1. Margin buying is a method of purchasing stocks, in which the investor borrows a part of the stock’s purchase price from a broker. Basically, the margin is the portion contributed by the investor, while the broker contributes the rest. The broker on the other hand to finance these investments, borrows money from the bank at a call money rate and agrees to repay the bank on call immediately if the bank requests. Thus the investor is charged the bank rate + service charges for the loan.
The advantages of buying on margin are that it allows investors to invest a greater amount than they own money allows, thus allowing them to potentially magnify the return on investment.
The disadvantage is that if the investment loses value, the equity in the margin account falls below the required maintenance level; the investor is exposed to a loss because he/she must still pay back the loan. Consequently the investor will get a margin call from the broker.
The initial margin requirement is 50%; therefore this requirement is met by paying 50% in cash while the remaining part is borrowed. The Board of Governors of the Federal Reserve System determines the requirements to finance purchases using margin loans.
1. List and describe the more important types of mutual funds according to their investment policy and use.
2. The more important types of mutual funds according to their investment policy and use follow:
• Money Market Funds - invest in money market securities like: commercial paper, repurchase agreements, or certificates of deposits. The average maturity of money market funds is a little more than one month. The net asset value is fixed at $1 per share, making them exempt from tax implications like capital gains or capital losses associated with redemption of shares.
• Equity Funds - typically invest in stock, though they may also hold fixed income or other types of securities. They usually hold between 4%-5% of total assets in the money market securities in order to deliver liquidity.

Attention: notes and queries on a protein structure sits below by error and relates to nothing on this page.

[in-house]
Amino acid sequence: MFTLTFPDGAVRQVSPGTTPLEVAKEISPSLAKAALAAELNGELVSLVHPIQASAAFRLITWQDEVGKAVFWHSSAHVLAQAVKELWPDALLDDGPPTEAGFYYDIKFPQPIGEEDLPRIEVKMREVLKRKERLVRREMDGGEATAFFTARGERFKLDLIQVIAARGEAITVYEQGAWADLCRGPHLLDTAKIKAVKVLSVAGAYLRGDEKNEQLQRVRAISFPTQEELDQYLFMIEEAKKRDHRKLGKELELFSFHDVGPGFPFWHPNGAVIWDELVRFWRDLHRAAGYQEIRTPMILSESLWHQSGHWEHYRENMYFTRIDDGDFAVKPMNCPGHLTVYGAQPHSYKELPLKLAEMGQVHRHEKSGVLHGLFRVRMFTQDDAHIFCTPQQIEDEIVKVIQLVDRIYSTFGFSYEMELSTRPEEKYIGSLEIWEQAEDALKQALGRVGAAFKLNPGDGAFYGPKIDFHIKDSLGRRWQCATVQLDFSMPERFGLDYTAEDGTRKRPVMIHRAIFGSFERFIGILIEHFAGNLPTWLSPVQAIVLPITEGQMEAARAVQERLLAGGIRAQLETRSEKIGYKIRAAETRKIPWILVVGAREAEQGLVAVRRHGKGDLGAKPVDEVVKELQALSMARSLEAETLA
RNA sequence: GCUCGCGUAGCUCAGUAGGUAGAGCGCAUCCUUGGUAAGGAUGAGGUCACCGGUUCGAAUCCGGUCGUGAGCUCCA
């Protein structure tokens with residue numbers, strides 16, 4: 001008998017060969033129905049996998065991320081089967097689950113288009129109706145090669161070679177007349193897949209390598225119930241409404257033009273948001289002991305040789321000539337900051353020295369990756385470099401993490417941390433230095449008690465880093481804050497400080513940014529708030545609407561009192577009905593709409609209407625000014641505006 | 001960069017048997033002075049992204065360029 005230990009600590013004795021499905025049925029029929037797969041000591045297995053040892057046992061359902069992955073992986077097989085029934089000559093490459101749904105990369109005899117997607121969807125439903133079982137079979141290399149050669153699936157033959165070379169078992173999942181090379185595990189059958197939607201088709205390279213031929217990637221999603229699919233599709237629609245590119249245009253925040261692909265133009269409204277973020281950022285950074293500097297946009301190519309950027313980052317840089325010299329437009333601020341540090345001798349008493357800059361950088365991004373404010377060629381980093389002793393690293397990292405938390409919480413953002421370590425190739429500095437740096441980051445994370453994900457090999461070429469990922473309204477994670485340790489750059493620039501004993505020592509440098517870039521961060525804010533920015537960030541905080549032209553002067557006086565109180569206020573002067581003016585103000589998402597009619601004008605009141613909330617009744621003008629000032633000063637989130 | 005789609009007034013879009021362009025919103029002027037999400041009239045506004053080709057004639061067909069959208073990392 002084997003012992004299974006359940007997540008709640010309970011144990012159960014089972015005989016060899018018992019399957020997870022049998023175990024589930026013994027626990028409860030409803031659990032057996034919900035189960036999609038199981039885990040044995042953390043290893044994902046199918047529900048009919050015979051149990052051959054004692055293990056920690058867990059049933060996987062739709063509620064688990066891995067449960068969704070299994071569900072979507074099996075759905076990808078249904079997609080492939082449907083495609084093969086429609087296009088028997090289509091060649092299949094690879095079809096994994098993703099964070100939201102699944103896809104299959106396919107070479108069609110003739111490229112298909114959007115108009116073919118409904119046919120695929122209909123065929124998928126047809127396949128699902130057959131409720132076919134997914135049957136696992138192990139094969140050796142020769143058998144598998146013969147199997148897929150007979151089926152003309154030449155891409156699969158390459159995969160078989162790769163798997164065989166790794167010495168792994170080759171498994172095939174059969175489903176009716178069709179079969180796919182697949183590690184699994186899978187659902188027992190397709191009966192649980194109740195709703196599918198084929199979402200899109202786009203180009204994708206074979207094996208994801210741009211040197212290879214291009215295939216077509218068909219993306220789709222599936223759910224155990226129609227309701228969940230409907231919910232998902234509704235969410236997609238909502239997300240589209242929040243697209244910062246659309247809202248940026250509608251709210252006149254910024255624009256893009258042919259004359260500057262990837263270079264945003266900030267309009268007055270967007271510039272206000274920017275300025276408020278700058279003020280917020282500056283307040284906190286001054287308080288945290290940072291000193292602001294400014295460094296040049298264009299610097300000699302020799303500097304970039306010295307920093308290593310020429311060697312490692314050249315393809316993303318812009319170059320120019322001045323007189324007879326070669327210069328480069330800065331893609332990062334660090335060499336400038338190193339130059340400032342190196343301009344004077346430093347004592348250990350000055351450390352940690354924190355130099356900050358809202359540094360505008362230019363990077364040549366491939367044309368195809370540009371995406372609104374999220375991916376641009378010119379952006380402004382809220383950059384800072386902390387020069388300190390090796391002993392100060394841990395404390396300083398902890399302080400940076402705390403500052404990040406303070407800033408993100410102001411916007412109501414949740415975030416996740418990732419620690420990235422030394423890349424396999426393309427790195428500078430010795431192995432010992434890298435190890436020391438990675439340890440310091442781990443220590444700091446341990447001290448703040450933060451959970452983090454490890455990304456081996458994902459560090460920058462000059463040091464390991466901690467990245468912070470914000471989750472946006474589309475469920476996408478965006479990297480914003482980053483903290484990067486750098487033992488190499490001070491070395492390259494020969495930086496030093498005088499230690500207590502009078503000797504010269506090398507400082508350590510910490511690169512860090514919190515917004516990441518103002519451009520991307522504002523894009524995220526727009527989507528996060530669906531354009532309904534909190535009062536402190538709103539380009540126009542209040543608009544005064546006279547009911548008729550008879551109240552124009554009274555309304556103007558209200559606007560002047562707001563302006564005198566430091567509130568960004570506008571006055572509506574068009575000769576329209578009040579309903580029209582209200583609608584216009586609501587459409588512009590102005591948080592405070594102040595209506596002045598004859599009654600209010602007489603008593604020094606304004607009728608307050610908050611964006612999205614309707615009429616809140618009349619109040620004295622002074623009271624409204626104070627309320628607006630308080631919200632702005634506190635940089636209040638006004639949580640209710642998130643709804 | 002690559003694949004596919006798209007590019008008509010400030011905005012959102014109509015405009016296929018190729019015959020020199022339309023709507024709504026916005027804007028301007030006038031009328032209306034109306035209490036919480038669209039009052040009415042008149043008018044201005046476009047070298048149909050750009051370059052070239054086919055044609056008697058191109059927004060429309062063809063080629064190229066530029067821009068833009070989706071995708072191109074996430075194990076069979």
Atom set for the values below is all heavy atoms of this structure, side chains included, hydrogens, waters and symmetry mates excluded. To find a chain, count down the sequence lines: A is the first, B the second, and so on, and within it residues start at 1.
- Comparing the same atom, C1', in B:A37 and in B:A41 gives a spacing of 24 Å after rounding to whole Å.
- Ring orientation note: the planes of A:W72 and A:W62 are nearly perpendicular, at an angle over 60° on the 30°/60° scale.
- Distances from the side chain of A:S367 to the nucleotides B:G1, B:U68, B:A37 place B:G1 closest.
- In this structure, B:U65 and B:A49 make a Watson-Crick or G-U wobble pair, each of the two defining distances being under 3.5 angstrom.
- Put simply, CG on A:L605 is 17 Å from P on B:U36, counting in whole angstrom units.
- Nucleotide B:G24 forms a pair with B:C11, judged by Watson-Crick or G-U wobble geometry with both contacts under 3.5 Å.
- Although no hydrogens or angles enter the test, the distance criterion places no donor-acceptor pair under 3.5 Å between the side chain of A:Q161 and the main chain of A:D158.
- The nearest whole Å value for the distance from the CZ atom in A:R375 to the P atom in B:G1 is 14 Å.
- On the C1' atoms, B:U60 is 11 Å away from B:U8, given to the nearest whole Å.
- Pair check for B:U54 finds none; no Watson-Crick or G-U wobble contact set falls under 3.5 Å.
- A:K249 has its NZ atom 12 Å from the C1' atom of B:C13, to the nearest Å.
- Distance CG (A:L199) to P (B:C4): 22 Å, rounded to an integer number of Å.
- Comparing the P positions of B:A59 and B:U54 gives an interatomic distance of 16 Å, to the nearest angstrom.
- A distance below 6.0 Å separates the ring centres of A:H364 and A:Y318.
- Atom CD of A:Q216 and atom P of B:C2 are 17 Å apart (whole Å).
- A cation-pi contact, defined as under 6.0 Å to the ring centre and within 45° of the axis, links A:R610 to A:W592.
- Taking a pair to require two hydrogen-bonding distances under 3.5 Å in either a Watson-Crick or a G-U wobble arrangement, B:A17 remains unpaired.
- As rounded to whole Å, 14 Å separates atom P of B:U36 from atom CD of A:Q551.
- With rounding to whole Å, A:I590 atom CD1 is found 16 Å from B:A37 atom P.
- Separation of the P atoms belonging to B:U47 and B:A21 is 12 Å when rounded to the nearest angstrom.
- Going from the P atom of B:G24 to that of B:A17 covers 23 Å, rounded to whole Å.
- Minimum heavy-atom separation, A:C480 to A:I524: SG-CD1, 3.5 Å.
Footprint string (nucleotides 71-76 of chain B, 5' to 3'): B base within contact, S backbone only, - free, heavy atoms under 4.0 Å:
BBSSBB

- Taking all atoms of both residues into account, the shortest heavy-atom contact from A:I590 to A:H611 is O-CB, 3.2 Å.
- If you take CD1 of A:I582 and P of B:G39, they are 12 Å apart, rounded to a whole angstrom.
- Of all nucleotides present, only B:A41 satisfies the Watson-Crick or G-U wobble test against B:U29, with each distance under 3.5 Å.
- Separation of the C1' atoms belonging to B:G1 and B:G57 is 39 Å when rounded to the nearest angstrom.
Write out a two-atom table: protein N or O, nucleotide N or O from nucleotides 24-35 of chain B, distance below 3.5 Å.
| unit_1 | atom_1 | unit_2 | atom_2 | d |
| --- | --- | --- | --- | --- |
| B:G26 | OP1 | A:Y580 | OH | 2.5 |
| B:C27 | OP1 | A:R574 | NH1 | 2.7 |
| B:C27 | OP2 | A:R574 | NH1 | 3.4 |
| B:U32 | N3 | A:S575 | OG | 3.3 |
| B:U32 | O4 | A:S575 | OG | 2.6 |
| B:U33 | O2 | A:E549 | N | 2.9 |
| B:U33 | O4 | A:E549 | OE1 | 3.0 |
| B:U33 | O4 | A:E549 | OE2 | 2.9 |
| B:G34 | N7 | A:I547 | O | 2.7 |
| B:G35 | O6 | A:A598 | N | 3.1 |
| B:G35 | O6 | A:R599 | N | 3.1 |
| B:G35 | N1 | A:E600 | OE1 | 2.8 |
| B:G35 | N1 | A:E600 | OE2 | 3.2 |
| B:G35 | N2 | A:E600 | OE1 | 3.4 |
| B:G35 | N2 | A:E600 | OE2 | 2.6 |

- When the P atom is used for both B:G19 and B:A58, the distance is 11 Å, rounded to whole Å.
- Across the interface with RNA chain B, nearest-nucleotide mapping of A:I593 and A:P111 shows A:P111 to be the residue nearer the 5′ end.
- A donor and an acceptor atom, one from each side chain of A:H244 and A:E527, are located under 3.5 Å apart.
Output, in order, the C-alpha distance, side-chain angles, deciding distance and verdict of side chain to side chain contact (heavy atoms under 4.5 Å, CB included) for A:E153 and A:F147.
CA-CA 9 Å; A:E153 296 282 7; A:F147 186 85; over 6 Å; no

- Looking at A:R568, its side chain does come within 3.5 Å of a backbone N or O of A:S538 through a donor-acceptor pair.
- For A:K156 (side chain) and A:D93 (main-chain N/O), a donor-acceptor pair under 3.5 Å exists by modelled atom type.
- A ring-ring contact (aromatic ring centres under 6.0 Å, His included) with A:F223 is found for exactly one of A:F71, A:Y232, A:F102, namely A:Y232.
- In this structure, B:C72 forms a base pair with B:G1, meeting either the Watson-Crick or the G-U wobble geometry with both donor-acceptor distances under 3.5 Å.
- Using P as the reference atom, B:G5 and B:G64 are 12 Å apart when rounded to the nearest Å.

Equity funds are classified into the following categories: income funds and growth funds. Income funds are focused on holding shares of firms with consistently high dividend yields whereas growth funds are focused on prospects for capital gains. The latter are usually riskier and respond more intensely to economic conditions.
• Sector Funds – are funds that invest in a specific industry such as: biotechnology, precious metals, telecommunications, etc., or specialize in securities of specific countries.
• Bond Funds – are specialized on corporate bonds, treasury bonds, mortgage backed securities, or municipal bonds. They may also specialize by maturity or credit risk of the issuer, thus from short-term to long term, or very safe to high yield, respectively.
• International Funds – unlike global funds, which have a global investment focus, including the United States, international funds invest in securities of firms located outside the United States only.
• Balanced Funds – are designed to hold an individual’s entire investment portfolio, both equities and fixed income securities in a balanced proportion.
• Asset Allocation and Flexible Funds – are similar to balanced funds as they hold both stocks and bonds, nevertheless asset allocation funds vary the proportions allocated to each market in accordance with the portfolio manager’s expectations of each of the relative sector performances.
• Index Funds – match the performance of a broad market index. Here shares are bought in securities that are included in a particular index in proportion with each of the security’s representation in that particular model. Investment in an index fund is a low cost way for small investors to pursue a passive investment strategy.